The draft and final reports lists anxiety concerning dam safety as one of the adverse environmental consequences of the project. Thus, it is clear that the SCS was *866 aware of the public concern about the safety of the 12E Dam and made an informed judgment that the soil conditions at that site did not preclude the erection of a safe dam.

To support their allegations that a safe dam cannot be built at the 12E site, plaintiffs rely on an informal letter from Donald I. Siegel, a hydrologist at Syracuse University. However, that letter can hardly be considered evidence that the SCS's decision was arbitrary. Mr. Siegel stated that based on his "brief review" of the data presented to him, the viability of a dam with a standing pool of water at the 12E site was "questionable". However, he indicated that he would need to have "hard data gathered on the project, as well as the EIS" to give a "formal hydrogeological opinion." Affidavit of John F. Vorrasi, sworn to July 21, 1988, Ex. K.

Further, plaintiff's reliance on the report of Larry Sherman, a Corps consultant, as conclusive proof that the 12E Dam will not be safe is misplaced. At the beginning of his report, Mr. Sherman qualifies his opinions by stating that he had to rely on a "limited amount of in house hydrologic data in analyzing the permit application," and that he was unfamiliar with the Chemung River Watershed. For these reasons, he therefore concluded that "the quality of [his] analysis [would] suffer." Vorrasi Affidavit, Ex. O. Further, Sherman stated that he was not familiar with procedures and methodologies employed by the SCS that apparently differ from those used by the Corps.

The court finds that these cursory reviews based on incomplete data do not establish that the SCS' decision in this regard was arbitrary and capricious. The SCS' decision regarding the safety of the 12E Dam is one that lies within the discretion of the agency. This court may not substitute its judgment for that of the responsible agency having expertise in this matter. Therefore, the court concludes that the DEIS and FEIS adequately consider the issue of dam safety.

Alternative of Removing Fill from Newton Creek

Plaintiffs claim that the draft and final reports are fatally flawed because neither fully evaluates the alternative of removing some 200 feet of fill from Newton Creek to increase the creek's channel capacity. While the DEIS and FEIS do not include a separate, detailed discussion of this alternative, it was presented as a component of Alternative 1 which provided for channel improvement of Newton, Hoffman and Divens Creeks. Both the DEIS and the FEIS include a Table B which compares the various alternatives. That Table states that channel modification of Newton Creek would adversely impact the bass and trout populations at the Creek.

At the public hearing on the DEIS, a DEC spokesman provided some historical background for the Watershed Project. He stated that in the early 1950's the Corps constructed levees along the west bank of Newton Creek which provided protection against a flood of 18,000 cubic feet per second on the Creek. For various reasons fill was placed along the east side of Newton Creek between 1950 and 1973, reducing the protection of the Corps' west bank levees to 7,700 cubic feet per second. An industrial park is now located in the fill area.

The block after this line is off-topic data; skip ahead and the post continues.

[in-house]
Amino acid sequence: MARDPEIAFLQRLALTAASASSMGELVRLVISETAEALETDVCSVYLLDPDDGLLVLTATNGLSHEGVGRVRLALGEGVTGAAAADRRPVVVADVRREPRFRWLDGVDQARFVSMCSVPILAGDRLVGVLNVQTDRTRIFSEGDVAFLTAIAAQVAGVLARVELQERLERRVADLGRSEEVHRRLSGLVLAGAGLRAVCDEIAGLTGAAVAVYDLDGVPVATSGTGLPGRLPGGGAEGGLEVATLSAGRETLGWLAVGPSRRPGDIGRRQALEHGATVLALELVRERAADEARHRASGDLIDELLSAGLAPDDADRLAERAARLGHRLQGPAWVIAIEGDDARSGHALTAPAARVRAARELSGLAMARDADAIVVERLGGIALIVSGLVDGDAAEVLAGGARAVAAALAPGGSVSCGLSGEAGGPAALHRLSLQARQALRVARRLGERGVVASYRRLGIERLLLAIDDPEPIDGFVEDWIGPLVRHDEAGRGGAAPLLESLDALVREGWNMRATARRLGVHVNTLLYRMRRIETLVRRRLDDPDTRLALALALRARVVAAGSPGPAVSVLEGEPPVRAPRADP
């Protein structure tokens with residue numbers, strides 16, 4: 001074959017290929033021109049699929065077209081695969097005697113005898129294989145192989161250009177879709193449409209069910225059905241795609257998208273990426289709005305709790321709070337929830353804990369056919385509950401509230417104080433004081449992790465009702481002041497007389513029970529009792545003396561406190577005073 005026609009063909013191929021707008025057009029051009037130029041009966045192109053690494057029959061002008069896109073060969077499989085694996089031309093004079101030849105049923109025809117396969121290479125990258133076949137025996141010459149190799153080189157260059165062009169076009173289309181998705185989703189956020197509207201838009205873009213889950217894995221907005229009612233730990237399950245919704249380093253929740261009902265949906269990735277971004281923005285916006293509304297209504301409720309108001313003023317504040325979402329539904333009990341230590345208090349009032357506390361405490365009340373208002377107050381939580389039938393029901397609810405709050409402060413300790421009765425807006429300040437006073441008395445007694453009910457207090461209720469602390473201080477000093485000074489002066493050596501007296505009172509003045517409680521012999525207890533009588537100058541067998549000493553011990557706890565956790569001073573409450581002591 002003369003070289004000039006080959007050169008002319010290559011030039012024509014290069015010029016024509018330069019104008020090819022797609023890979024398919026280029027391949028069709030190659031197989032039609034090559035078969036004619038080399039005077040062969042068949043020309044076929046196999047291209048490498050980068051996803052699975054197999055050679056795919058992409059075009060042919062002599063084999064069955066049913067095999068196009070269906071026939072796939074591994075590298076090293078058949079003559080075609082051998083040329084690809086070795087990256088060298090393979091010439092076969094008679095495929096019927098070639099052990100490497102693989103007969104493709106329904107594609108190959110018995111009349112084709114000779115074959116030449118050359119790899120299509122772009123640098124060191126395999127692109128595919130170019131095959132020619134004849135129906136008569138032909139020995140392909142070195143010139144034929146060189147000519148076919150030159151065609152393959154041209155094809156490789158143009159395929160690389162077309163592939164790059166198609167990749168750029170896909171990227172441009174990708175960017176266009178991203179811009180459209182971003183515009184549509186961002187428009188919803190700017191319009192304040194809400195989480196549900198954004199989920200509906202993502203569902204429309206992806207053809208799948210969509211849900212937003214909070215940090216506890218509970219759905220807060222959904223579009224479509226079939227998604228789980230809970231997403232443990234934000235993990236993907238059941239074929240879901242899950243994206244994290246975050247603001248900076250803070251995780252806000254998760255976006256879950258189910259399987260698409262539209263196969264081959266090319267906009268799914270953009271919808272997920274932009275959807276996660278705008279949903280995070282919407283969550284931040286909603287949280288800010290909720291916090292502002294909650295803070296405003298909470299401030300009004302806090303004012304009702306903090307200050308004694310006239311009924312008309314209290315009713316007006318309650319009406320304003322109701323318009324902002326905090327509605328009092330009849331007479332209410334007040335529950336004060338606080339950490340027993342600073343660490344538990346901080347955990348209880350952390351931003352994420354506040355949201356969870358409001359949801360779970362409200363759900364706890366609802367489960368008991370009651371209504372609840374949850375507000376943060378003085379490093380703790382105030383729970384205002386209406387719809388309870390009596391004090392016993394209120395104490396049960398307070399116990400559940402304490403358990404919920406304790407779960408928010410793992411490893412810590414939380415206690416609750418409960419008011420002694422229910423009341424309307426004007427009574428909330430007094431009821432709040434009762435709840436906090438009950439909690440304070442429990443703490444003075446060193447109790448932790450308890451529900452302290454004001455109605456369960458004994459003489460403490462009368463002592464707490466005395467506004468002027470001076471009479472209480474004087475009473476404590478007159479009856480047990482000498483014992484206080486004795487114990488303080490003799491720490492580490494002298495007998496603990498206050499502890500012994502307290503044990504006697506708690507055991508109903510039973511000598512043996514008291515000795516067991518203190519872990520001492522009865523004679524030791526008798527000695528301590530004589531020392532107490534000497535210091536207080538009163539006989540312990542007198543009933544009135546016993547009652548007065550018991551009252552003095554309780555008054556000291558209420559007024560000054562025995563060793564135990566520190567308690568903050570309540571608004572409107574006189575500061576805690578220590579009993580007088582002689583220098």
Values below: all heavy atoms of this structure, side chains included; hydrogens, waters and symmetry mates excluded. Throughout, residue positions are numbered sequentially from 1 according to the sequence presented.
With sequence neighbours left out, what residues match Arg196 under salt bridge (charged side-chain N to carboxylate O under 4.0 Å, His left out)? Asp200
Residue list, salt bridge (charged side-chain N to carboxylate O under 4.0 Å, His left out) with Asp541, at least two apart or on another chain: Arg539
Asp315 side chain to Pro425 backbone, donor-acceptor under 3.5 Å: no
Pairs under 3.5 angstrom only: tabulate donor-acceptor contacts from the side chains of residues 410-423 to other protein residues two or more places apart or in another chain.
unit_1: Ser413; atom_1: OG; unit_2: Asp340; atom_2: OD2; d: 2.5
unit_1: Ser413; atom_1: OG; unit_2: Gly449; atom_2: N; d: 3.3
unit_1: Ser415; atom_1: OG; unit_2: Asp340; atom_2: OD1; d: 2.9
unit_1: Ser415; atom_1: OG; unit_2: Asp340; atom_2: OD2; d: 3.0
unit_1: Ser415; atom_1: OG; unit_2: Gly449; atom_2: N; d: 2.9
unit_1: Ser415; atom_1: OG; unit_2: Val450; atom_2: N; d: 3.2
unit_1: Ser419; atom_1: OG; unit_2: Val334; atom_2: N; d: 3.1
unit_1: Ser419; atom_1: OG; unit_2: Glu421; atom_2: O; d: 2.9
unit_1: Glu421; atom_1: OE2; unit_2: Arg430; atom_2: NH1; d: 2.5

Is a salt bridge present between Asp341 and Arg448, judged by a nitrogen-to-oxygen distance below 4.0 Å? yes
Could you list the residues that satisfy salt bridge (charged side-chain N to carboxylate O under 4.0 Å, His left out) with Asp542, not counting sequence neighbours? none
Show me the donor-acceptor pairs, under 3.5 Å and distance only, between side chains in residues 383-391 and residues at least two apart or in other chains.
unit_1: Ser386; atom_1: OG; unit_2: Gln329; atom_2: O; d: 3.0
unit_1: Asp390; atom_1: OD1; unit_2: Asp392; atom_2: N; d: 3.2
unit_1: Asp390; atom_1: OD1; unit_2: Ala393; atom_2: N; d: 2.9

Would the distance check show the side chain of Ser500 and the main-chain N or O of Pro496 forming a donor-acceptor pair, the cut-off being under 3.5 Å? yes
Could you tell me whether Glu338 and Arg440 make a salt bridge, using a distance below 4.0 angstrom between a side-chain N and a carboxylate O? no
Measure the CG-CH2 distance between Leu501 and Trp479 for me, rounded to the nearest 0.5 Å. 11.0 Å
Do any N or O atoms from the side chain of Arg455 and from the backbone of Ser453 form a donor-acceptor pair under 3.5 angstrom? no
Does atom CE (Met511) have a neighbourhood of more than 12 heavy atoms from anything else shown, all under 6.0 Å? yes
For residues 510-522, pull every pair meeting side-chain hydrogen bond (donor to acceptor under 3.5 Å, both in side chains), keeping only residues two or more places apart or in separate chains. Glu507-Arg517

As part of its review for issuance of the 404 permit, the Corps required documentation concerning the channelization alternative, among others. In response, the County provided documentation which indicated that the SCS had evaluated this alternative, but rejected it because, inter alia, it had adverse environmental effects on the fisheries in Newtown Creek, it would require the relocation of buildings, and the limited protection it provided did not meet the needs of the affected communities.

Exhaustive detail concerning reasonable alternatives is not required under NEPA. It is sufficient if the agency furnishes information needed to "enable those who did not have a part in the [EIS] compilation to understand and consider meaningfully the factors involved." Sierra Club II, supra, 772 F.2d at 1054. The court finds that the *867 public and reviewing agencies have been informed concerning this alternative and that the SCS has given it adequate consideration before making a decision.

Benefit/Cost Ratio

Plaintiffs claim that the SCS failed to comply with the provisions of the Watershed Protection and Flood Prevention Act (Act), as amended, 16 U.S.C. § 1001 et seq., specifically §§ 1003 and 1005, which require that the Secretary of Agriculture make a determination that the benefits of a watershed project exceed the costs before federal funds can be expended on the project.[4] They challenge the methodology employed by the SCS in determining that the benefit/cost ratio of completing the Watershed Project as proposed in the FEIS is 1.05:1. Plaintiffs claim that each remaining increment of the Watershed Project as proposed in the FEIS should have been analyzed separately, that certain benefits should not have been included in the calculation for the remaining increments, that the costs of relocating Route 13 were not fully included and that the discount rate of 4 5/8 % employed by the SCS was improper.

Contrary to plaintiffs' contention, the SCS did not err in analyzing the benefits and costs of the multi-dam project as a single unit. "It is clear ... that nothing in the Act itself requires that each individual `work of improvement' proposed in a multi-unit watershed project have a favorable cost/benefit ratio ... § 5 [16 U.S.C. § 1005] requires only that the benefits of every `plan' exceed the costs associated with implementing the plan; not that every segment of the plan be cost-justified when viewed in isolation." Concerned Residents of Buck Hill Falls v. Grant, 537 F.2d 29, 36 (3d Cir.1976).